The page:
Individual counselling and therapy for young people who have experienced sexual abuse (Skylight)

All of our work with children and young people begins with an assessment.  We meet with them for four sessions to think about the impact of the sexual abuse on them, their current supports, and how they are at school and at home. This is to help work out what kind of support they need. During the assessment we will also meet with the parents or carers as well as contact the school to get some more background information. After the assessment we meet with the child and young person together with their parents or carers and any other professionals to decide the best way forward.

Each young person has their own unique experiences and emotions and works at their own pace, with their own process. Yet there are some common themes relating directly to sexual abuse, or surrounding it, that come up in the work. These include:

  • feeling damaged, different, stigmatised, singled out, devalued, nothing, nobody
  • doubting own sanity, tricking and being tricked, betrayal
  • anger, rage, destructiveness, revenge and aggression
  • feelings of loss, grief, fear, anxieties, blame and guilt
  • managing memories, flash backs, panic attacks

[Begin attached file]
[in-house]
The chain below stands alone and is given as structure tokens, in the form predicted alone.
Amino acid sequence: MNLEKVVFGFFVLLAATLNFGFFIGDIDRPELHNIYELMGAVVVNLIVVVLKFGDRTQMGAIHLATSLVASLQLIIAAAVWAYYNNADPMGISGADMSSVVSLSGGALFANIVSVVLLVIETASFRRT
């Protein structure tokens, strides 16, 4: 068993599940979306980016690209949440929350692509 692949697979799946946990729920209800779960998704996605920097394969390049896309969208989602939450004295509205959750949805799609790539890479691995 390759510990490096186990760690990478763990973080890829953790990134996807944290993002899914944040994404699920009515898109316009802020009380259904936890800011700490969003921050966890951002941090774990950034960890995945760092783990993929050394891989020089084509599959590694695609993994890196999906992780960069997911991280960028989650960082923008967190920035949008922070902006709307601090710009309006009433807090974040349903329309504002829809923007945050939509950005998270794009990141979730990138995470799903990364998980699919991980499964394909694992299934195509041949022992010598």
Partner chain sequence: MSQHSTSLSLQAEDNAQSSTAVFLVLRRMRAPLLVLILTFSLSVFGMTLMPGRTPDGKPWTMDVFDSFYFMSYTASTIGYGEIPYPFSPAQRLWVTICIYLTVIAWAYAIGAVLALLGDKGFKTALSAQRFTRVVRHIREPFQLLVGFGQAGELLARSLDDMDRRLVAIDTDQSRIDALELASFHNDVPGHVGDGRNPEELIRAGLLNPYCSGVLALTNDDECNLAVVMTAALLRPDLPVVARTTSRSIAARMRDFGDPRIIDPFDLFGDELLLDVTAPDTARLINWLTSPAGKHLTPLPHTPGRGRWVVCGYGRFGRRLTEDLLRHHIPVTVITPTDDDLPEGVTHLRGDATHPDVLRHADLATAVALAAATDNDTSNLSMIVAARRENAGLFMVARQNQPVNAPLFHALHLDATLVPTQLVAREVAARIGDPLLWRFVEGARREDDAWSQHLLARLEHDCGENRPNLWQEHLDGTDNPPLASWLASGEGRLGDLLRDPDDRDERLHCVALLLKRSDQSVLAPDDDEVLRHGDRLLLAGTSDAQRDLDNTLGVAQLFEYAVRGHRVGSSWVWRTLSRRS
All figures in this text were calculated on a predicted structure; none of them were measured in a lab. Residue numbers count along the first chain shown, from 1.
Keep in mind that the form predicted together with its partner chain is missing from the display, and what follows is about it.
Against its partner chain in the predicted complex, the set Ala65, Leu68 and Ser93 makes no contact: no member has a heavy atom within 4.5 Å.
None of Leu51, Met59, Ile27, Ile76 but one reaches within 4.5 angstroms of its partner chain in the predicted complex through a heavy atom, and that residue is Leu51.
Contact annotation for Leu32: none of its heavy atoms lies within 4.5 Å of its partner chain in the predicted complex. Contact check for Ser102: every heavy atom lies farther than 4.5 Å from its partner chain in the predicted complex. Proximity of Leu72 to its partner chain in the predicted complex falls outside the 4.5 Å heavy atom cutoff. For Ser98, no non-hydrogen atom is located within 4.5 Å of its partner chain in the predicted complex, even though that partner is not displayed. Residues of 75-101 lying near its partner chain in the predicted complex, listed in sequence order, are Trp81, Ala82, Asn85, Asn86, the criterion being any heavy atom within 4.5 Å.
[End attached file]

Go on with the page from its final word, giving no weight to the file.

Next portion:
• confusion about sexuality and sexual feelings
  • loss of and desire for control and power
  • fear of falling to pieces, helplessness
  • hiding and finding, secrecy, games
  • rescuing and being rescued, escape
  • feeling abandoned and isolated
  • good things turning to bad
  • self-harm, suicidal ideation
  • feeling numb, not feeling
  • being good or bad

We think it is really important to review the work we do regularly.  As such we will continue to review the work at regular intervals so that so that we can monitor how the work is progressing and what the young person is finding useful.

At Skylight we also aim to plan endings with children and young people very carefully. The regular reviews help to identify when a young person is ready to think about ending and how this should be approached. Ending the work in a planned way helps a child or young person reflect back on what has changed and what feels different. We aim to make it a positive experience, providing the young person with a way of moving on.